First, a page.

I think we all did a good job in responding! One example I gave in relation to UG-Flex focussed on how experiences shared by colleagues from other institutions had helped me over the past year to plan a pro-active approach to engaging with new senior management at Greenwich and as well as other stakeholders. Without these insights shared in our CAMEL sessions I think there is a good chance I would have focussed on other pressing issues and I believe the project would have been adversely affected as a result.

Discussions in the session led to some conclusions that there would be benefit in exploring how the CAMEL approach might help to deliver a more consistent approach to the management, co-ordinatio and support of projects in HEIs across the board. I would certainly support this.

I also attended a talk given by Aaron Porter – president-elect of the NUS and I suspect in Parliament soon after that - on “the importance of the learner voice”. This was a timely reminder that I need to keep pursuing closer collaboration between UG-Flex and the SU at Greenwich.

I also attended a session“webinars as a best practice model for engaging members in a online community of practice”. I want to try out this or a similar approach as a way to capture and convey the issues UG-Flex is trying to tackle at Greenwich to a wider audience.

Incidentally I was introduced to “Second Life” – the online 3D virtual world community – and decided that this is a step too far for me. I’ll stick with blogging and tweeting.
SEDA stands for the Staff and Educational Development Association

Thursday, 29 April 2010

Article in "Greenwich Line" [University of Greenwich's staff newspaper] March 2010

“Computer says no…”

How the university is pulling its systems into the new decade and why staff are being asked to help

Any staff involved in the creation and administration of new courses at Greenwich will have had a “Computer says no” moment. Want to start the programme in January? Computer says no. Want to offer a single course by itself? Computer says no. Want to stop a student who has paid a year’s fees in June being asked to pay again in September? Computer says…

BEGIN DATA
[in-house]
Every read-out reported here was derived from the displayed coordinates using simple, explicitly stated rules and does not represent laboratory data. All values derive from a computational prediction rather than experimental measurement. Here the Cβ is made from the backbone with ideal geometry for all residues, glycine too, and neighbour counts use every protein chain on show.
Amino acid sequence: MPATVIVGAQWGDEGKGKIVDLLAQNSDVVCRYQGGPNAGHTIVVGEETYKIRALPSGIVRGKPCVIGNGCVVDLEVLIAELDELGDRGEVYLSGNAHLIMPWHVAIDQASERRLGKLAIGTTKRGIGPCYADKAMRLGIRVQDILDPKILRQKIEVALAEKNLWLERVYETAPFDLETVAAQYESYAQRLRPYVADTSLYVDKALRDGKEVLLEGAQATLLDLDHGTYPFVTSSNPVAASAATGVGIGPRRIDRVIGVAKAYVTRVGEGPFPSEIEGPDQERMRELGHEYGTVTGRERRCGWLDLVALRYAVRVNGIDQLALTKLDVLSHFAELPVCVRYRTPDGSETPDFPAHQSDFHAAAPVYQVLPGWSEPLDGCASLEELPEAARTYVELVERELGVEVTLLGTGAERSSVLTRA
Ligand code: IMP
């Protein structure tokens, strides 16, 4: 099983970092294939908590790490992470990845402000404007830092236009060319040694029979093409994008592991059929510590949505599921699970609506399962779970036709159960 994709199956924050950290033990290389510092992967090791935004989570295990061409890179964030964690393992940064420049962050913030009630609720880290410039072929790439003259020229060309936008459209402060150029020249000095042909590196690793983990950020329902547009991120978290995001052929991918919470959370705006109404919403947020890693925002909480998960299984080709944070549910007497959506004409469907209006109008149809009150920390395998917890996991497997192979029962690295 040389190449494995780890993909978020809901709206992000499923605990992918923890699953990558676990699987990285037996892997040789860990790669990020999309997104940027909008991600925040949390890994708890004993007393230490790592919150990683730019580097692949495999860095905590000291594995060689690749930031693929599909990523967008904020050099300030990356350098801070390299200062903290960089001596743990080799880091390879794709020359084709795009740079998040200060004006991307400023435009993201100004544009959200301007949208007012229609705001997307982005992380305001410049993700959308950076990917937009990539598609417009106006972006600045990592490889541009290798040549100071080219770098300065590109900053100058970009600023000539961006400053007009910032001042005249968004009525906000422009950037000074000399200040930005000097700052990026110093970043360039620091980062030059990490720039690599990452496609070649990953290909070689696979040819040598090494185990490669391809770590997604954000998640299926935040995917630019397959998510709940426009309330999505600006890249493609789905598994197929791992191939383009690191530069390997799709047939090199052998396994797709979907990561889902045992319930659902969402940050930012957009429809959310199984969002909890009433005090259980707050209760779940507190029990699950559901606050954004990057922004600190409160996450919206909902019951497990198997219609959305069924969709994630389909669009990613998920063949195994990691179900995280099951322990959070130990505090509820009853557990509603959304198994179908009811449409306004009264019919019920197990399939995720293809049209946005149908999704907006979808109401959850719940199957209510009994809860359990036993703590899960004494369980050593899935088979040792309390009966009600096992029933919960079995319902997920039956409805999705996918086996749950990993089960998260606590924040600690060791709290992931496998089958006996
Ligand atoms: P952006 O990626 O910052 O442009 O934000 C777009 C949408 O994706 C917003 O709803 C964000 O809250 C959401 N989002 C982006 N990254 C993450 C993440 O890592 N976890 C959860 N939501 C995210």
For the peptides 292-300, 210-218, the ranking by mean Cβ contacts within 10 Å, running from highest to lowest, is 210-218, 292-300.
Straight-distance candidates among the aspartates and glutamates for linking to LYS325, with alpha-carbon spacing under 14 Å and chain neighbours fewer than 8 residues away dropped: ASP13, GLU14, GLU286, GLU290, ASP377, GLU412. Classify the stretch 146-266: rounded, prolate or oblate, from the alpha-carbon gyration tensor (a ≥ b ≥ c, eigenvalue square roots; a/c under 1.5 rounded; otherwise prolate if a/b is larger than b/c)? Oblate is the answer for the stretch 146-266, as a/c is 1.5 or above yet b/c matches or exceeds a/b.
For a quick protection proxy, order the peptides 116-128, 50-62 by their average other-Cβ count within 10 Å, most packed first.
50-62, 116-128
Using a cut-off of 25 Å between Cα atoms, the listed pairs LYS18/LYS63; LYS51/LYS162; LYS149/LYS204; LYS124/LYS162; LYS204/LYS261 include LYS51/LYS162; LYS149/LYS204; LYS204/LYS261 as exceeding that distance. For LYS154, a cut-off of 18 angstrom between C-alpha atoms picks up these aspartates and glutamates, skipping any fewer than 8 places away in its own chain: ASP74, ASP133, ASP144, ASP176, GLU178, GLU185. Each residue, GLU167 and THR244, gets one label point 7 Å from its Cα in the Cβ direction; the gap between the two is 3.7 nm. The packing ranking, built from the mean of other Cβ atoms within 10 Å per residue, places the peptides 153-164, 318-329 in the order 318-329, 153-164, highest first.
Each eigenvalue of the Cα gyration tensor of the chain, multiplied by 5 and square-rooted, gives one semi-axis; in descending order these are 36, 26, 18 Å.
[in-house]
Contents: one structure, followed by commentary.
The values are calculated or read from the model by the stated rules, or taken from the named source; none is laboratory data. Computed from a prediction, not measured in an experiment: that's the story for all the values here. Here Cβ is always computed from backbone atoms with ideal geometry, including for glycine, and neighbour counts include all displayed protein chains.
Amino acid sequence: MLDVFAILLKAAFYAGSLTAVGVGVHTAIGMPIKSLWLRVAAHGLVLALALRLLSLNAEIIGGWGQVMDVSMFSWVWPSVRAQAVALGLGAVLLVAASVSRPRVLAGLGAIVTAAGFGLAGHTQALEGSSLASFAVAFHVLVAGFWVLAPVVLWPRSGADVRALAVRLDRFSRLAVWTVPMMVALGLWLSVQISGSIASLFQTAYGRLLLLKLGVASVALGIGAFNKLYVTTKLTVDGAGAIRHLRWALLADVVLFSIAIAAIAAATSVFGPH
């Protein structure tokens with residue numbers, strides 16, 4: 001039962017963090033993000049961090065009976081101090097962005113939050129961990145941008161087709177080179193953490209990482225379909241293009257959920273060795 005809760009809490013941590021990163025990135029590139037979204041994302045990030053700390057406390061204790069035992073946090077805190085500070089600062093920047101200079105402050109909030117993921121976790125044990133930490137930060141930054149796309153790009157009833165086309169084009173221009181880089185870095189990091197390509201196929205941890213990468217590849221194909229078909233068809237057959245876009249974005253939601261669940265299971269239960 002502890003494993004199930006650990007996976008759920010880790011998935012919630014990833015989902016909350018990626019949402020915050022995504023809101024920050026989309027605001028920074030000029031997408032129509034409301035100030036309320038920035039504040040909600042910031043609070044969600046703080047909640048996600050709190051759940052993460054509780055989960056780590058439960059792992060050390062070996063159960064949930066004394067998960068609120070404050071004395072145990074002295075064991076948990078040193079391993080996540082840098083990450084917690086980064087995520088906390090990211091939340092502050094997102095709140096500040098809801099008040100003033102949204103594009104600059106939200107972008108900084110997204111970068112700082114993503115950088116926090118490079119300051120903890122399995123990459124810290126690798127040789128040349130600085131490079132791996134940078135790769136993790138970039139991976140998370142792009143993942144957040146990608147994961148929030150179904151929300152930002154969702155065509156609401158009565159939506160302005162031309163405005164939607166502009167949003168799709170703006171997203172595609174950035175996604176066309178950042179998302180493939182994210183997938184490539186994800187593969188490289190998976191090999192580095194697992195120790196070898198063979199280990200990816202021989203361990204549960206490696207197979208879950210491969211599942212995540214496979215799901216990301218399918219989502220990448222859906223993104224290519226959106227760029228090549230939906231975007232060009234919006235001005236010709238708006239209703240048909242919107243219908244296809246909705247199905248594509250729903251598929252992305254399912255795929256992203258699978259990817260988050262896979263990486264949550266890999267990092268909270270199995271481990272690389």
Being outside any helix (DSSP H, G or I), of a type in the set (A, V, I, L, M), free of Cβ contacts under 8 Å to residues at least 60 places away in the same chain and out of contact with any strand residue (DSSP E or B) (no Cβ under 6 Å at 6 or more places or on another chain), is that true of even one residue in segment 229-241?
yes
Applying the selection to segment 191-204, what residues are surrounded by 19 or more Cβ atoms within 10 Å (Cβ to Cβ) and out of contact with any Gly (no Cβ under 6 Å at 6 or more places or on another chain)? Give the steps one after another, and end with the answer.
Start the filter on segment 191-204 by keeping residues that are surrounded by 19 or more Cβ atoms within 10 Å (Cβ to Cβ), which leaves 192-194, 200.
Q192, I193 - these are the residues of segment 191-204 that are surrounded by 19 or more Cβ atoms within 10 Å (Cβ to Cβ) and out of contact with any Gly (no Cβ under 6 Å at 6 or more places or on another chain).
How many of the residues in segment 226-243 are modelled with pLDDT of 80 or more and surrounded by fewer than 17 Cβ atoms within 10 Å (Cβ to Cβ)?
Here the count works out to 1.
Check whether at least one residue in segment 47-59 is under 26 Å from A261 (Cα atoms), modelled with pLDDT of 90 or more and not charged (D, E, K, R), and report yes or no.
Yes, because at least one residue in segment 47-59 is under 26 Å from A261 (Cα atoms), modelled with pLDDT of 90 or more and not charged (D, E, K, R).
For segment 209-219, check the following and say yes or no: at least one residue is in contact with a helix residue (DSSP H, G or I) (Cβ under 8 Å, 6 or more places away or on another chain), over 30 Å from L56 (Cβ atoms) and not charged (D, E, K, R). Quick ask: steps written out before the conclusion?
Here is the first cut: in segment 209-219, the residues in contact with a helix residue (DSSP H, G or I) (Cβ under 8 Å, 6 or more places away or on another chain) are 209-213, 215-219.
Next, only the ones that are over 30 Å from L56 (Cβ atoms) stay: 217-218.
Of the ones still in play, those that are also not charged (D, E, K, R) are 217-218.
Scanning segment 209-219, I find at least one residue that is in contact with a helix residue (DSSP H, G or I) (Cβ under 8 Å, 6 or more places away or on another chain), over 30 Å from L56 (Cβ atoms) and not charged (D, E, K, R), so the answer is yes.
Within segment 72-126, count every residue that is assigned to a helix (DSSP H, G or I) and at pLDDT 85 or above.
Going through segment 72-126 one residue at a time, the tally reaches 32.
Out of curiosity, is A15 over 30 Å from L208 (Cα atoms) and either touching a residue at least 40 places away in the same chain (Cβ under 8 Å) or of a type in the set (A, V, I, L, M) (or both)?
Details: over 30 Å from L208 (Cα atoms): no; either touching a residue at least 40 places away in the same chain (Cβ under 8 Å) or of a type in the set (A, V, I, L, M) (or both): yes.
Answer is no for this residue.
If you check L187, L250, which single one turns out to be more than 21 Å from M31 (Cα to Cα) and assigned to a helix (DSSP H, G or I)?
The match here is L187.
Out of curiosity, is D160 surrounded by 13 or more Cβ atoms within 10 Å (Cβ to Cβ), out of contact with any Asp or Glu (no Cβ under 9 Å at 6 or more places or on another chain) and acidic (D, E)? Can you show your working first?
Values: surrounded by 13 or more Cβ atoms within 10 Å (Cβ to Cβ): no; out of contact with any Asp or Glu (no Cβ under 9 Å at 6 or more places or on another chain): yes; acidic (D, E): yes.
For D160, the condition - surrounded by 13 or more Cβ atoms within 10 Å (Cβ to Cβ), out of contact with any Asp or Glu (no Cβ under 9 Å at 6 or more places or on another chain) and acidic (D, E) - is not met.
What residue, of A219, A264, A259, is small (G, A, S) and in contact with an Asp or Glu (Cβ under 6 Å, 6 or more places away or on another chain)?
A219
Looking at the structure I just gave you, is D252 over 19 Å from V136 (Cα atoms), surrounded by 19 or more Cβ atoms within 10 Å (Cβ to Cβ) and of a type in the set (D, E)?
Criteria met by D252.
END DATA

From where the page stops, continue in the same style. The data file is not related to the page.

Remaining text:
The refrain is from a sketch in BBC’s Little Britain where, irrespective of the task, IT presents a hurdle. Dr Claire Eustance has been recruited to project manage the modernisation of the systems which support curriculum development. She says: “Today the demand is for flexible learning, which means being able to offer choices, from intensive short courses to part-time and distance learning. But our systems were designed for the traditional model of three-year programmes starting in September.”

It’s not just IT systems like Banner that throw up problems. Dr Stuart Ashenden, Director of Academic Planning at Medway, is looking at the implications of keeping campuses open at weekends as demand for intensive training courses grows. “At the moment there is no catering provision, for instance, if we are here at the weekend. All sorts of services currently close down at 5pm on Friday.”

General administrative systems have got left behind too. Academics, when taking new courses to be validated by internal and external authorities, find their work is duplicated at each stage. Different versions of the same document lead to confusion. “Paperwork which probably made sense years ago now seems unnecessary. We need to create new systems which allow proper work flow management,” Claire says.

The scope of the project

The project, called UG-Flex, short for ‘University of Greenwich Flexible Learning Project’, runs for three years until July 2012. The project team is based in Information & Library Services and is concentrating on the areas it can affect, namely information systems. Claire says lots of wider issues are being raised, for example the tendency for departments to work in silos, or finding that things can get done based on who you know rather than need, and that these are being recorded. “We are passing them on to other managers and projects,” she says, “sometimes with recommendations. But we need to focus on the areas where we can make a difference.”

How you can get involved